Terms and conditions that don’t catch the eye in the policy document could come into play at the time of claim settlement
Covid-19 has been a wake-up call for many to include health and life insurance in their basic financial plan. It has also brought to light the many problems that policyholders face, particularly with a health insurance policy, at the time of claim.
In a recent survey conducted by BusinessLine Portfolio on the impact of the pandemic on personal finances, quite a few participants reported receiving much less as claim amount than what was spent, particularly during Covid hospitalisation. This could be due to a few terms and conditions buried in the policy document, such as co-payment clause, sub-limit, waiting period and coverage exclusions. The Annual Report of the Insurance Ombudsman, 2019-20, states that lack of clarity in some of these clauses in the policy is one reason for policyholder grievance regarding claims.
Here, we explain why there could be a gap in the actual health claim amount received and the amount spent on medical expenses, or why at times no amount is offered as claim, to help you make an informed decision while buying health insurance.
While health insurance policies typically cover the entire period of hospitalisation, there are a few clauses that, when applicable, limit the insurer’s settlement.
A key factor is the location of policy purchase and location of hospitalisation. Medical expenses in metro cities (Tier-1) like Mumbai are higher than in Tier-2 or Tier-3 cities such as Coimbatore or Gurugram, hence you find differences in your claim too.
So, if you have purchased a policy in Coimbatore and get hospitalised in Mumbai, then your claim amount would be lower than the medical expenses you incurred because of the co-pay clause. Let’s understand this with an example. In Max Bupa’s GoActive health policy, an individual paying premium in Zone I (includes cities such as Mumbai and Delhi) can avail treatment all over India without any co-pay.
But for a person paying premium in Zone II cities (such as Bengaluru, Chennai, Hyderabad and Pune), 20 per cent co-pay is applicable to avail treatment in Zone I hospitals. However, there is no co-pay if he/she takes treatment in Zone II or Zone III cities. That is, if you have taken a policy with cover of ₹10 lakh in Pune and avail treatment in Mumbai, then 80 per cent will be paid by the insurer. You will have to take care of the remaining 20 per cent. The zone classification varies with health policies, and insurers.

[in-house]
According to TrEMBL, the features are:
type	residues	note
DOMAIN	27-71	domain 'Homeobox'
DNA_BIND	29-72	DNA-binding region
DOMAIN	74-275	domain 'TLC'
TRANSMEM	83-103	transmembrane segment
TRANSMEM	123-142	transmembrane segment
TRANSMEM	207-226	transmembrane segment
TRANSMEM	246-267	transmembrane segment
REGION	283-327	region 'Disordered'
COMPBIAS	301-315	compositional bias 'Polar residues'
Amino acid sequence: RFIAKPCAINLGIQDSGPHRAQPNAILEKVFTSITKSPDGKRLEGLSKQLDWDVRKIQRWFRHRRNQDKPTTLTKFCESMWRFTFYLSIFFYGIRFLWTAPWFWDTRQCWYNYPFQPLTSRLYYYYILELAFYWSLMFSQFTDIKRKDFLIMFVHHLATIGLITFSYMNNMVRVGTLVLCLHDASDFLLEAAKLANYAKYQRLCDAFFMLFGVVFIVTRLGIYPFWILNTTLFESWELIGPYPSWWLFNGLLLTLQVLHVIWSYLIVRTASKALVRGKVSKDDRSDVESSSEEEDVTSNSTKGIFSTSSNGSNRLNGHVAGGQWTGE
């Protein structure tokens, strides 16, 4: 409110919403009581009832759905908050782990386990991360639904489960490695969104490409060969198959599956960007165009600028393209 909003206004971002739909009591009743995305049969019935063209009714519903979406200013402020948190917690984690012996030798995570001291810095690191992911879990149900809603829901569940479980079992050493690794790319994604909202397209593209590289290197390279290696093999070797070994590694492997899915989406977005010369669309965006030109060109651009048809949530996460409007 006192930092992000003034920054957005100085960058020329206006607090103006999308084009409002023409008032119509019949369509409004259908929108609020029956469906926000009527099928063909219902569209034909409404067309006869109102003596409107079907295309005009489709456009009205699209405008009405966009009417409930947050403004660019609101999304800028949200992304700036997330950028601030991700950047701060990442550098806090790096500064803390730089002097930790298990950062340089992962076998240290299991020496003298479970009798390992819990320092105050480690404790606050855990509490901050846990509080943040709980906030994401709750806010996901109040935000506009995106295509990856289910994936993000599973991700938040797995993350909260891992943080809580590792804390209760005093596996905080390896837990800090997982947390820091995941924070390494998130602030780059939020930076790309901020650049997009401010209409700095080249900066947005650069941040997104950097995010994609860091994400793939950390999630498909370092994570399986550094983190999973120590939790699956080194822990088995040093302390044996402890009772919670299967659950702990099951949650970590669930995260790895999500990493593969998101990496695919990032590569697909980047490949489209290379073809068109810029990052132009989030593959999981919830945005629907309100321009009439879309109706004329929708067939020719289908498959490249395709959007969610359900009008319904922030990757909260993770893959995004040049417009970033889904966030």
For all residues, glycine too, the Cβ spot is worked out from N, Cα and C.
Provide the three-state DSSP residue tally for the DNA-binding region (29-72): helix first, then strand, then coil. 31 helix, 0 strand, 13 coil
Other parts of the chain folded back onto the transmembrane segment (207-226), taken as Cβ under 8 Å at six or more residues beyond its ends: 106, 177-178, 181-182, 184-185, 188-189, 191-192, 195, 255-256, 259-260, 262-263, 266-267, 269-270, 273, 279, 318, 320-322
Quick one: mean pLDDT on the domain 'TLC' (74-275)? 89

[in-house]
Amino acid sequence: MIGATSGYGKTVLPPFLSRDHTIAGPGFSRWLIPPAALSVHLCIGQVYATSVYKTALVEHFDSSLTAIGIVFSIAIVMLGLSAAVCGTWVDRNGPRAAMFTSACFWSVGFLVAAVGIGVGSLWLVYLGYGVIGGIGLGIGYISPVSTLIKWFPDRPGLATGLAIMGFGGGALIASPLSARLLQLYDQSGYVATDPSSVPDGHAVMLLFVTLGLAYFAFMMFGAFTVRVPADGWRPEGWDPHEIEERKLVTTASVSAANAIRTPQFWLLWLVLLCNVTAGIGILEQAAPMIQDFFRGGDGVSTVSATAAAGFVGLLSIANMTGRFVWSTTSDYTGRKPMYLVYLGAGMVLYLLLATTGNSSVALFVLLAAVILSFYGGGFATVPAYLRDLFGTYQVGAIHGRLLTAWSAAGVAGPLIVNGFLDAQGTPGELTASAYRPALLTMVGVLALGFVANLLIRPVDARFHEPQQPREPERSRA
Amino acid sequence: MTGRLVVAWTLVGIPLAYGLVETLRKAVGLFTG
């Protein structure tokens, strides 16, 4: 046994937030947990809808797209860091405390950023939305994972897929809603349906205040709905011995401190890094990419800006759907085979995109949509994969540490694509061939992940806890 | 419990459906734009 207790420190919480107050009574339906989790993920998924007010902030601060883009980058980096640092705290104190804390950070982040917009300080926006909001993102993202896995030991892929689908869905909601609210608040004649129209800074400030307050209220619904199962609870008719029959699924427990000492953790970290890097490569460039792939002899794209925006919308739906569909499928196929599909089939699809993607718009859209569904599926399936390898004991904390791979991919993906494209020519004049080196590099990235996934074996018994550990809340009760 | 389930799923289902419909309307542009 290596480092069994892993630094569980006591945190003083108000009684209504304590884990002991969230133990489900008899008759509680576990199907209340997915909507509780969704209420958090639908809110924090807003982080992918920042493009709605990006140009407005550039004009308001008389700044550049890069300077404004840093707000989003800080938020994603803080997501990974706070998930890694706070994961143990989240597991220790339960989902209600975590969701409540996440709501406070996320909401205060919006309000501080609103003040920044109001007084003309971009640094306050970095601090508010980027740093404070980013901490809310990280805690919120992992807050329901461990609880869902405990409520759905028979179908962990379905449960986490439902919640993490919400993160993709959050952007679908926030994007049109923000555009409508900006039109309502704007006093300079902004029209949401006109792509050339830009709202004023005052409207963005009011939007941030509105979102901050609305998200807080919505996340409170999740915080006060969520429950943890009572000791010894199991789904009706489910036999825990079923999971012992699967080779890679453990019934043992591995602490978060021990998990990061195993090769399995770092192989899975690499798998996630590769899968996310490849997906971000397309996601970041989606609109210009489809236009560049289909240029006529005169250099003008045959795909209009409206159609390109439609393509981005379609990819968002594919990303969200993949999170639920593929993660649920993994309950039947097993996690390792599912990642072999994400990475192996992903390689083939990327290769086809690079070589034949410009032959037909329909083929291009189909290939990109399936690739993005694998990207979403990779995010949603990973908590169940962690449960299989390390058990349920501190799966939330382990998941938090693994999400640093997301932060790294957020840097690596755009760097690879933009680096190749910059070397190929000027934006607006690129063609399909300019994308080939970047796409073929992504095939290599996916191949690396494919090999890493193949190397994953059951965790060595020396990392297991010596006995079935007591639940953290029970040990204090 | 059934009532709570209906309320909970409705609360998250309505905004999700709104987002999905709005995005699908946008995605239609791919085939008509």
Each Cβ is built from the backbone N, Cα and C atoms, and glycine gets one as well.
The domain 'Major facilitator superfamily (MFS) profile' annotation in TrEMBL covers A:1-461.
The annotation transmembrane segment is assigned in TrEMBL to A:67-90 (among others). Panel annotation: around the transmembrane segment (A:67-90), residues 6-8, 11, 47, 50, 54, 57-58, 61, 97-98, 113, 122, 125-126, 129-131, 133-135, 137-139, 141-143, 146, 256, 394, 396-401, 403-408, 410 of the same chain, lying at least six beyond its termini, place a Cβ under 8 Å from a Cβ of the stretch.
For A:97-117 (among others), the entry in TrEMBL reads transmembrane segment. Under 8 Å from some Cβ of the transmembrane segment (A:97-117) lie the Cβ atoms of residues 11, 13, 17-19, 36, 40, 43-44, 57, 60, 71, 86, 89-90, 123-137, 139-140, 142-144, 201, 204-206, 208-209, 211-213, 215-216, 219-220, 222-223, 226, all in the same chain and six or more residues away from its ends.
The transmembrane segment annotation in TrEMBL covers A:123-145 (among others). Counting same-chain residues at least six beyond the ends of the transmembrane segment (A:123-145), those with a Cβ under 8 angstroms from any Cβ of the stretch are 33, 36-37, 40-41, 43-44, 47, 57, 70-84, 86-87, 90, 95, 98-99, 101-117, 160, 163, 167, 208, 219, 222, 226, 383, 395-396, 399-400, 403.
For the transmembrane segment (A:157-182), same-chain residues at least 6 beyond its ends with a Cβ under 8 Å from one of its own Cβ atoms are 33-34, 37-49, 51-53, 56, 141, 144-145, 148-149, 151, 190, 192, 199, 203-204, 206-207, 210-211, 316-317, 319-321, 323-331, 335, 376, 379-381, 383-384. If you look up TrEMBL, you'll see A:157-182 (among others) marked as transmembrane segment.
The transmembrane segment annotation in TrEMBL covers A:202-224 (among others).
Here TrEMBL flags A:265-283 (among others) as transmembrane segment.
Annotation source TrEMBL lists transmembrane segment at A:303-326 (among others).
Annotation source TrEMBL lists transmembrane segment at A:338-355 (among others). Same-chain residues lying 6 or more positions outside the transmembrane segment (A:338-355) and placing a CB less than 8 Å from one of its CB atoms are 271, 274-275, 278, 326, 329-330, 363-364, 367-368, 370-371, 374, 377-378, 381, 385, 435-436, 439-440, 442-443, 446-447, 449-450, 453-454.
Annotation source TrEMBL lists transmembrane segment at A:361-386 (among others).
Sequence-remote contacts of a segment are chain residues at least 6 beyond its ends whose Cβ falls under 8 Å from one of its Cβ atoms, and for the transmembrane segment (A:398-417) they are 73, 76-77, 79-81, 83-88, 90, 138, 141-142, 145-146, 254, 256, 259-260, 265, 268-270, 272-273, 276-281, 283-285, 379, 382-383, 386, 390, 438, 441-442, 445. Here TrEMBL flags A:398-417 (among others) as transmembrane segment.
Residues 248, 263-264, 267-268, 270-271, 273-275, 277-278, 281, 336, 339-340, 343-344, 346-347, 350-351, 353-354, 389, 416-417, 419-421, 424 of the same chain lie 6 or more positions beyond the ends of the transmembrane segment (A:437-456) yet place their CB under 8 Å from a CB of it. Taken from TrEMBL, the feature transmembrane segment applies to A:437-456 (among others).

You can upgrade your zone in health policy at the time of purchase only (for additional premium) if you want to avoid unnecessary hassles at the time of claim. Alternatively, there are health policies in the market that have removed the zone-wise co-pay. You could go for them if you don’t mind the extra premium.
Room rent limits
Some health policies cover hospitalisation expenses based on the sub-limits on room rent mentioned in the policy. If you exceed this room rent limit, the entire hospitalisation expenses are charged proportionately, thereby reducing the claim. That is, the insurers will settle your final claim only on a proportionate basis, since, based on the room you occupy, the billing of other expenses, including consultation fees, nursing, and other amenities, also increases.
Let’s consider Joe, a 30-year old individual with ₹10 lakh sum insured (SI). His health policy has a room rent limit of ₹5,000 per day. Upon admission, the hospital offers him a room for ₹6,000 per day. So Joe will get only ₹5,000 per day from his health insurer and the balance ₹1,000 has to be borne by him. If the final bill comes to ₹9 lakh, the insurer will settle only ₹8.33 lakh (in the ratio of room rent eligible-to-actual room rent)
However, many health policies have done away with room rent limit. Tata AIG Medicare Premier, ICICI Lombard Complete Health Insurance, Max Bupa ReAssure and Apollo Munich Optima Restore, for example, have no cap on room rent.
While there are no explicit room rent limits, they still exist in some form. For instance, in Aditya Birla Health Insurance’s Active Health policy, there is no cap on room rent under the Platinum Premiere variant of the plan. But if you consider any other variant of the same policy, up to SI of ₹3 lakh, one is eligible for shared room or single private room while for an SI of over and above ₹4 lakh, one can have any room.
However, to standardise the claim settlement process, the insurance regulator IRDAI has established that the associate medical expenses — the cost of pharmacy, consumables, implants, medical devices and diagnostics — cannot be subject to proportionate clause. Insurers are not allowed to charge proportionately on the ICU as well. This means, the actual costs, if they fall within the coverage of health policy, should be paid by the insurer, irrespective of whether the policy has a cap on room rent.